Disclaimer: ARC via Netgalley.
Every time there is a terrorist attack committed by someone who claims to be follower of Islam someone who claims to be a follower of Christianity wonders why Muslims condemn the terrorist.
Toorpaki’s book (written with the help of Katherine Holstein) should be required reading for such idiots.
Toorpaki is a squash player from Pakistan, from the area of Pakistan where the Taliban has a presence, so needless to say her abilities draw death threats from that group. But that isn’t the most compelling part of this book.
Toorpaki’s parts are a huge part of the book, and the reason why this book should be handed to idiots. Toorpaki’s father, Shams, is a man from a family of rank but he is not a traditional son. While he is a devout Muslim, he is not conservative in matters of religion. He believes in education for all his children, and more importantly, acknowledges his wife as his equal (if not ruler). In an arranged marriage, Shams, as Toorpaki notes, gives his wife the gift of finishing her education and even supporting her in manners that even Western men would balk at, even as he teaches. Toorpaki’s mother isn’t less remarkable, rising to a prominent educational position and facing death by a belief in educating girls. Additionally, both parents raise their children (two girls, three boys) to be contributing members of society, educating not just their girls, but their boys as well. Teaching among the many lessons that all people should be accorded respect and that we should never stop learning (or even teaching).
Toorpaki’s parents are what we should all be as human beings.
It is true that the book is partial hero worship to her parents, and it is hard not to see why. By her own admission, Toorpaki was not a traditional daughter. She was far more physical than her sister and a traditional school environment did not work for her. She wasn’t a problem child, at least not in the Western sense of the term. Her parents allow/encourage/accept her tomboyish personality by giving her boy clothes and a bicycle. She even takes up weight lifting prior to her discovery of squash.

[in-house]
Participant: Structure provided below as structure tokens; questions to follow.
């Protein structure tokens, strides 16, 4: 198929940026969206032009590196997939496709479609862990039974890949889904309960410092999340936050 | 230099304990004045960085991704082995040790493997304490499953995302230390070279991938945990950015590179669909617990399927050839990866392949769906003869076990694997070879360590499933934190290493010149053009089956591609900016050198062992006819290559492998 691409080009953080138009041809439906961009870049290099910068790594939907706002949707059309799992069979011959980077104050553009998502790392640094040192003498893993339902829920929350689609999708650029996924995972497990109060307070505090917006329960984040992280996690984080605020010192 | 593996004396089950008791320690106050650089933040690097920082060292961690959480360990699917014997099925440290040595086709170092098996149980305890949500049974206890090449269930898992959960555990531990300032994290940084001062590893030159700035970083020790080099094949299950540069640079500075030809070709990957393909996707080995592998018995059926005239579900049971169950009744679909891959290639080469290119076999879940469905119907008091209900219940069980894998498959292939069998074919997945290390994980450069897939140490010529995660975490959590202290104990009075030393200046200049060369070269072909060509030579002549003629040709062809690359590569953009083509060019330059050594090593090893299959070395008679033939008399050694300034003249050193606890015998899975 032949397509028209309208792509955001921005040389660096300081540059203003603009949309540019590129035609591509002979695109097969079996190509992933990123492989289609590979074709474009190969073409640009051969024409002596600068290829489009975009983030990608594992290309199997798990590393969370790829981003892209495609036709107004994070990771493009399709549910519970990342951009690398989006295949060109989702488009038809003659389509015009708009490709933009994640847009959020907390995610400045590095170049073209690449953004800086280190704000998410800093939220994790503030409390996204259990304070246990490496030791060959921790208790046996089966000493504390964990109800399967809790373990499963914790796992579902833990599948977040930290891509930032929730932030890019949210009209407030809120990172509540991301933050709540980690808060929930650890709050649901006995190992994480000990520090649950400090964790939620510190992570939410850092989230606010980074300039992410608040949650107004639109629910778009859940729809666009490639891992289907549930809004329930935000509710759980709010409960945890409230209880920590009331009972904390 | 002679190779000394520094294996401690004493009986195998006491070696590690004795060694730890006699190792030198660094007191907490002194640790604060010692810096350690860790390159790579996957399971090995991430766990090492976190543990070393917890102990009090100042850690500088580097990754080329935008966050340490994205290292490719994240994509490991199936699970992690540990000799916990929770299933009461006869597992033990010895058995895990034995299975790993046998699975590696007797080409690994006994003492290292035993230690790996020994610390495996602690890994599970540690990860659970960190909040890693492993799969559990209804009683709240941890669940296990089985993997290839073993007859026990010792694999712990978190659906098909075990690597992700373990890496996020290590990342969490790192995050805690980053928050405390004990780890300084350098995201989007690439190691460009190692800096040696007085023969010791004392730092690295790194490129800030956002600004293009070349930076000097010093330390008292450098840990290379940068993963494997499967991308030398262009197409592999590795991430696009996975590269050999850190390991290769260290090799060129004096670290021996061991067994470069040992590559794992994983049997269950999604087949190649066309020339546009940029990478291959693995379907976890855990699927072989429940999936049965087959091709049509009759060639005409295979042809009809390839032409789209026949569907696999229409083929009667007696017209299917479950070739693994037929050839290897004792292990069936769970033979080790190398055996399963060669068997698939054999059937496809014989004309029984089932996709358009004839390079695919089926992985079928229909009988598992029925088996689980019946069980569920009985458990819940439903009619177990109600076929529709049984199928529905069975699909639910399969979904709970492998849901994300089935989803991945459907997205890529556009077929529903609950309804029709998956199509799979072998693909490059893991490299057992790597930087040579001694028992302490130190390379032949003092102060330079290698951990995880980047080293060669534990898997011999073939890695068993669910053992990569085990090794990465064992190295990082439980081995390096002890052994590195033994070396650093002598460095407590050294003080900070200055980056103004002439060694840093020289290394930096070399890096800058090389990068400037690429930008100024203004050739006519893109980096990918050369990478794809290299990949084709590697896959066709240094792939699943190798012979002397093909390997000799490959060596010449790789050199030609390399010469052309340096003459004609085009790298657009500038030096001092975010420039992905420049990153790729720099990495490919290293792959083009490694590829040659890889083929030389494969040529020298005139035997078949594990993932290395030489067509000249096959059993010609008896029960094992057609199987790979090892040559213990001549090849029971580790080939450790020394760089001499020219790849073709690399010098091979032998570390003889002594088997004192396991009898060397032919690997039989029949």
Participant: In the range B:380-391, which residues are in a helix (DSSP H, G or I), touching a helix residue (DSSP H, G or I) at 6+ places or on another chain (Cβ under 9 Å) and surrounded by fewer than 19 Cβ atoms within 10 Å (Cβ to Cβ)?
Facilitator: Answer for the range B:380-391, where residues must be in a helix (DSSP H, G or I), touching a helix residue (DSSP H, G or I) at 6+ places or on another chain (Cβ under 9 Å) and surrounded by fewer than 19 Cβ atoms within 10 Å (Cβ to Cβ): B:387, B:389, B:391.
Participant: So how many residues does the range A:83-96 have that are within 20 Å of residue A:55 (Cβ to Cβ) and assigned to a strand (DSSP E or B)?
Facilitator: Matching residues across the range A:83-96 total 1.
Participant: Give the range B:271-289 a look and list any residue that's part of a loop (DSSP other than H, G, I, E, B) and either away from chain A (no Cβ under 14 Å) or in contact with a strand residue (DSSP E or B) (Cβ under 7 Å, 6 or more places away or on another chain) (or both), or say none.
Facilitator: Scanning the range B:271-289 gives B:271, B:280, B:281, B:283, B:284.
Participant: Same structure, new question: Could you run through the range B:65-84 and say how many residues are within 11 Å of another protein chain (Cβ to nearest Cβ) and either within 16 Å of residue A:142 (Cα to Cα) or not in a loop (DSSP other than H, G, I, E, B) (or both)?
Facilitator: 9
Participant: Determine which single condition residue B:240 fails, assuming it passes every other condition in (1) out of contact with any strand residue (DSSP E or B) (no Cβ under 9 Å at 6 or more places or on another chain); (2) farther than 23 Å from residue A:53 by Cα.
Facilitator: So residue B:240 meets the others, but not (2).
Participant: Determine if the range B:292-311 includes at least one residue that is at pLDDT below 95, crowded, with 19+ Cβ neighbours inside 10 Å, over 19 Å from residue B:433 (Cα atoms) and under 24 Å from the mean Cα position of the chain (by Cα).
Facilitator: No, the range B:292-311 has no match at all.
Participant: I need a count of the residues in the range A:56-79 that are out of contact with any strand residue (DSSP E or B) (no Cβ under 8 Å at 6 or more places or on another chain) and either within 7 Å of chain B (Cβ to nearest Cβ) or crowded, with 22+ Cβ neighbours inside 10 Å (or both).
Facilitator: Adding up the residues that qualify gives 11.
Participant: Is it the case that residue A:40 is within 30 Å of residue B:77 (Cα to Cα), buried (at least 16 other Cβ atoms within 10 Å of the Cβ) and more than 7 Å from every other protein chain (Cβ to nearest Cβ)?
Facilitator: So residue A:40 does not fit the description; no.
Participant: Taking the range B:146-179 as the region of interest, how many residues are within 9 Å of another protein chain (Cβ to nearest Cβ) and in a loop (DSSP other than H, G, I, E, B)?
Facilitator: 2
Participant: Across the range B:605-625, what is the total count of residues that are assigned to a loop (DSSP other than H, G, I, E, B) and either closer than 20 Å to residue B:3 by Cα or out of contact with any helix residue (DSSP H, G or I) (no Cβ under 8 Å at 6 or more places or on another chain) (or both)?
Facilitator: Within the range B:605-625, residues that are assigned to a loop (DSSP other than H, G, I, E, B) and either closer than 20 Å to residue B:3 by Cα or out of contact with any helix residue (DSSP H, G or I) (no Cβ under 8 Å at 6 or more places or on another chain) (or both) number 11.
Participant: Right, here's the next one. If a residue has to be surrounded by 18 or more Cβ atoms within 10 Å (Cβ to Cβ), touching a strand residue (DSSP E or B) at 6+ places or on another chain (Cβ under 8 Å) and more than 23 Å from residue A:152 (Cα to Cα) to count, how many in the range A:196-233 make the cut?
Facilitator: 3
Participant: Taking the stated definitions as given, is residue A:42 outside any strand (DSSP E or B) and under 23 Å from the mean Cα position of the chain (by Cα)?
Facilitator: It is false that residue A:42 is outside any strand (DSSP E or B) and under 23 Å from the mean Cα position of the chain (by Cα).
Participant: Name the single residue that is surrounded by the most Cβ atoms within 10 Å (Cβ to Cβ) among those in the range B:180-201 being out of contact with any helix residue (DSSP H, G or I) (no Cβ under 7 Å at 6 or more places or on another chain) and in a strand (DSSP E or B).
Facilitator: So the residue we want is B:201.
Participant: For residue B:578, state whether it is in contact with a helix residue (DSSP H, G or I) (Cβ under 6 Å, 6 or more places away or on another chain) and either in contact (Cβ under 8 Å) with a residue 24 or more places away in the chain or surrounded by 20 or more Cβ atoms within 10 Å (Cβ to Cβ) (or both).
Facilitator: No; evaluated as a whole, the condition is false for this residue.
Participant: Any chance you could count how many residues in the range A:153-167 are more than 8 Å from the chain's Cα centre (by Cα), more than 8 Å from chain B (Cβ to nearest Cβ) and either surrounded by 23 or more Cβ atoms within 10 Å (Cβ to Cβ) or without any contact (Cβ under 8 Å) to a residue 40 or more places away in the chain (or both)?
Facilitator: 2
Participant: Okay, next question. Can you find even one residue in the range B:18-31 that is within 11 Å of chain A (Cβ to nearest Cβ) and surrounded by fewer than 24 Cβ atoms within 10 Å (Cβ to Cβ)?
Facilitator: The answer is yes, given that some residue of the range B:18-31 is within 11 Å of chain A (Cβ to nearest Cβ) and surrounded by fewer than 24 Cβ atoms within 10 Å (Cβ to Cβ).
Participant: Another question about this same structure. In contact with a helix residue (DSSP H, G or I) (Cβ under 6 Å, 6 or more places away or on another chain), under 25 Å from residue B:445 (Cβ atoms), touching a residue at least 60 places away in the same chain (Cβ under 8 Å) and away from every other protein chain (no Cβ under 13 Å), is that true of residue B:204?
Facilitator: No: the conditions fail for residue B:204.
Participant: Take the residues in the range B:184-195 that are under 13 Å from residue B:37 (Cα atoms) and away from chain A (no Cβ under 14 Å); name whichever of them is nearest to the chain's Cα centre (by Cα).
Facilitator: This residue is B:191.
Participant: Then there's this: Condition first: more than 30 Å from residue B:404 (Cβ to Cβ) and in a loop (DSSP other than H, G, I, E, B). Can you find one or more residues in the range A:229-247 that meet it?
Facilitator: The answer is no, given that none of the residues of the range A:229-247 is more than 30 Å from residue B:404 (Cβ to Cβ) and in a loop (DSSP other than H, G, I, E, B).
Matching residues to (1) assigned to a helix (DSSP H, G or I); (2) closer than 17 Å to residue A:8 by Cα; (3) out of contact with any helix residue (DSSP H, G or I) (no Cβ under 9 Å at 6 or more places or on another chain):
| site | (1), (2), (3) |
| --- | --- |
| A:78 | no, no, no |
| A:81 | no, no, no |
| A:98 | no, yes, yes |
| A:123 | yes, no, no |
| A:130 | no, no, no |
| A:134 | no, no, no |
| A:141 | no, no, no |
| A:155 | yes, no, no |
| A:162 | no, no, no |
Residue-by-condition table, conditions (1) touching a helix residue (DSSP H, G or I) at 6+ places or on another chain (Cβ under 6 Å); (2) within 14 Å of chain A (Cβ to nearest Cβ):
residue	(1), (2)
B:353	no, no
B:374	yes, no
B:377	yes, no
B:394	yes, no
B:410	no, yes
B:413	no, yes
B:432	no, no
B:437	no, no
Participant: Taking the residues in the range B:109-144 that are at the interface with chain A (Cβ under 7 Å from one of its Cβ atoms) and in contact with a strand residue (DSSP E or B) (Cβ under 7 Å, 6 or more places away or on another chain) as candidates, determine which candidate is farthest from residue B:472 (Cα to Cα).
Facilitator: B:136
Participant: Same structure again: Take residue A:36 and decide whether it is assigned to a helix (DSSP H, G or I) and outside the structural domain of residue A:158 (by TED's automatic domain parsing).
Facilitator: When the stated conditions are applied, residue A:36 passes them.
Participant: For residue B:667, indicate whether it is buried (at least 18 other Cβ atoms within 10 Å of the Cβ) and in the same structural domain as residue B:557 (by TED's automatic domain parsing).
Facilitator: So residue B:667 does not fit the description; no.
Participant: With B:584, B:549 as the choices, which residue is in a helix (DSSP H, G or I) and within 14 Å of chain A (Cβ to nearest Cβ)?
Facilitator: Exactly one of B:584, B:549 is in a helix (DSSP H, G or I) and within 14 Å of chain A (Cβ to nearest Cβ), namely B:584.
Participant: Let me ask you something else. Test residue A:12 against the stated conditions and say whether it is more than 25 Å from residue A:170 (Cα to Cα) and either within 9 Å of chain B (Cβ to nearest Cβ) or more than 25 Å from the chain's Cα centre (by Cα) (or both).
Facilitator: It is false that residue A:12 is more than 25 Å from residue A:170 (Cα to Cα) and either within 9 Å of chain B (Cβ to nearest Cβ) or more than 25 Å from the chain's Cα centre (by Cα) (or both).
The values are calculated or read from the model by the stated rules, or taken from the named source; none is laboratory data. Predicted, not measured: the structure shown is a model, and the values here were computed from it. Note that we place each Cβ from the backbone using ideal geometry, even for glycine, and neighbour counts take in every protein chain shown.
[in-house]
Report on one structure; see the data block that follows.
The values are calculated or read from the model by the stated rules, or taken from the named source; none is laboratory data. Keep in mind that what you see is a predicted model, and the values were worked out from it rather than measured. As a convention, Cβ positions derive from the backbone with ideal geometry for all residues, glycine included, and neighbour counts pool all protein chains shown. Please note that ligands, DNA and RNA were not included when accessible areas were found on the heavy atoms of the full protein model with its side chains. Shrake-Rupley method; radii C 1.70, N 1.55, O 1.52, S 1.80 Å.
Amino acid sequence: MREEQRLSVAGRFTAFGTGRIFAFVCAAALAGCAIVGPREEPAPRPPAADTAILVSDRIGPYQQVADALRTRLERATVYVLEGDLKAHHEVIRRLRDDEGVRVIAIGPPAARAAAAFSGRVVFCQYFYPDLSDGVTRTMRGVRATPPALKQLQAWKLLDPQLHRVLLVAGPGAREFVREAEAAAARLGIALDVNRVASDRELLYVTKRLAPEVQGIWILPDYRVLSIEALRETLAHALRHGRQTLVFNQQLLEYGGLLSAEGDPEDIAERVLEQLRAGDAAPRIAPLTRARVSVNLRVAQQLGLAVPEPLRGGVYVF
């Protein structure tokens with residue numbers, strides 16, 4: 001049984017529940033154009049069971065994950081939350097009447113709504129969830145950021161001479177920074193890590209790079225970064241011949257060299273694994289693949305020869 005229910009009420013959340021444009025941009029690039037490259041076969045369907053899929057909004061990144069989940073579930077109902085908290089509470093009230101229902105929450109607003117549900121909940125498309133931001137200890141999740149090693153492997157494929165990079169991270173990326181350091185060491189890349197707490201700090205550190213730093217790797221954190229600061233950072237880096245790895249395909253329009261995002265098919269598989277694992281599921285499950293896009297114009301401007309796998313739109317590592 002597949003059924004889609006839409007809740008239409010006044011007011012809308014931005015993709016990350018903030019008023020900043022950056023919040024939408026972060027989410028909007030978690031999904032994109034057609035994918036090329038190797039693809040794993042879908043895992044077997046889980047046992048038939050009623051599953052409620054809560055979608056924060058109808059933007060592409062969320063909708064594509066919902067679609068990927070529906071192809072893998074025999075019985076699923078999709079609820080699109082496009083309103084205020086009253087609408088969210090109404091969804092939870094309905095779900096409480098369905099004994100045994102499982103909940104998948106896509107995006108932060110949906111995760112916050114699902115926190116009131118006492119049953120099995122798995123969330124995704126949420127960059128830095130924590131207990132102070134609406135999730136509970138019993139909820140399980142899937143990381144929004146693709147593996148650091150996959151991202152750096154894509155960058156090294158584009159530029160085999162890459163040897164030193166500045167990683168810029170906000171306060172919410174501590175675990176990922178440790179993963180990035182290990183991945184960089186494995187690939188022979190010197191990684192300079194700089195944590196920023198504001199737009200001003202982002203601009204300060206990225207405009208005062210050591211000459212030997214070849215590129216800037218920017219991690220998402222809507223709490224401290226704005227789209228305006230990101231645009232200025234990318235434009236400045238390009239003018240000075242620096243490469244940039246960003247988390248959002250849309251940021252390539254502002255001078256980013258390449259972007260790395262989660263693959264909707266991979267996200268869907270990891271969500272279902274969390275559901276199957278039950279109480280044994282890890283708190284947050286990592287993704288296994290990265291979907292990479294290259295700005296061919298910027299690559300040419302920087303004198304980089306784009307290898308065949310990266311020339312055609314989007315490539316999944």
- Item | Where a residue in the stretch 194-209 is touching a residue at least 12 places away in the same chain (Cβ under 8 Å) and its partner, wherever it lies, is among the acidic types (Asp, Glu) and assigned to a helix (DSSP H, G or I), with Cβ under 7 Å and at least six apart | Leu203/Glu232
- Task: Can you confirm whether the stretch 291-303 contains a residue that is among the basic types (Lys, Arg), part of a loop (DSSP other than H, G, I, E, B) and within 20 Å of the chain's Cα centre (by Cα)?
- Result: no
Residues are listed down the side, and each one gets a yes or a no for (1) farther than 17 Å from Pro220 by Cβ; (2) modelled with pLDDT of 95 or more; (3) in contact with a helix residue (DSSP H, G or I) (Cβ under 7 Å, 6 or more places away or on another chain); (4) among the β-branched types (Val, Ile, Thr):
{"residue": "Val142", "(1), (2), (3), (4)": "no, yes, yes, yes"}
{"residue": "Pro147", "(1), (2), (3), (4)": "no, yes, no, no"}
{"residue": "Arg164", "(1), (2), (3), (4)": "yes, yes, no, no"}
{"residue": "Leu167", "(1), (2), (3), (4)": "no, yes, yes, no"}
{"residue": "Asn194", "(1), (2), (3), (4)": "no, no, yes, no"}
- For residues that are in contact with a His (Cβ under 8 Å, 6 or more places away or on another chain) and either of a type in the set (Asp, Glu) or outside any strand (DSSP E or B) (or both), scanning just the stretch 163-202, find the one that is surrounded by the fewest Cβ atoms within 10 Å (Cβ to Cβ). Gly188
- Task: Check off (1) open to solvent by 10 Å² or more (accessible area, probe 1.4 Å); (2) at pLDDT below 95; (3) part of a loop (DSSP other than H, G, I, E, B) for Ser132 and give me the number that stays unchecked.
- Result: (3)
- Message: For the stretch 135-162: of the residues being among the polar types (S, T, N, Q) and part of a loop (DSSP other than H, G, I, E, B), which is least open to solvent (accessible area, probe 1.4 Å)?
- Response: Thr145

And it is that “boyish” aspect of the story that transcends simply Pakistan and deals with gender issues the world over.
Look at Serena Williams, who has been called too manly and not a real woman simply because she is a physical powerhouse. Or the Olympic swimmers who were judged on their appearance as opposed to their medals. Toorpaki’s chronicle about reactions to her post weight lifting appearance as well as her squash ability deal with issues like these. Today in the liberated West, we want our women athletes to be feminine to look like Swimsuit Issue model beauty instead of the physical powerhouse beauties they are. Even Toorpaki’s harassment by her fellow male students is something that we still see in the West – anyone else see that story about a male fan making his way onto the hotel floor where the US Women’s Soccer Team was staying?
Of course, there is much about the Taliban and its impact upon Toorpaki when she becomes a target. This is even more powerful because Toorpaki drew unwanted attention when as a young girl, she assumed, for lack of a better word, a boy’s identity and name – Genghis Khan. The persecution by the Taliban is sadly just a contamination and speaks more for the need of support of people like Toorpaki’s parents then anything as well as highlighting the determination and bravery of the whole Toorpaki family. Furthermore, the struggle to get Toorpaki to safety also shows the strength of a community and community ties.
It’s true, to be fair, that at times there is a desire to mutter “get on with it” or the structure seems a bit loose, but the story is compelling told. While not chatty, it is far more than readable. This is also because Toorpaki includes her family in the telling.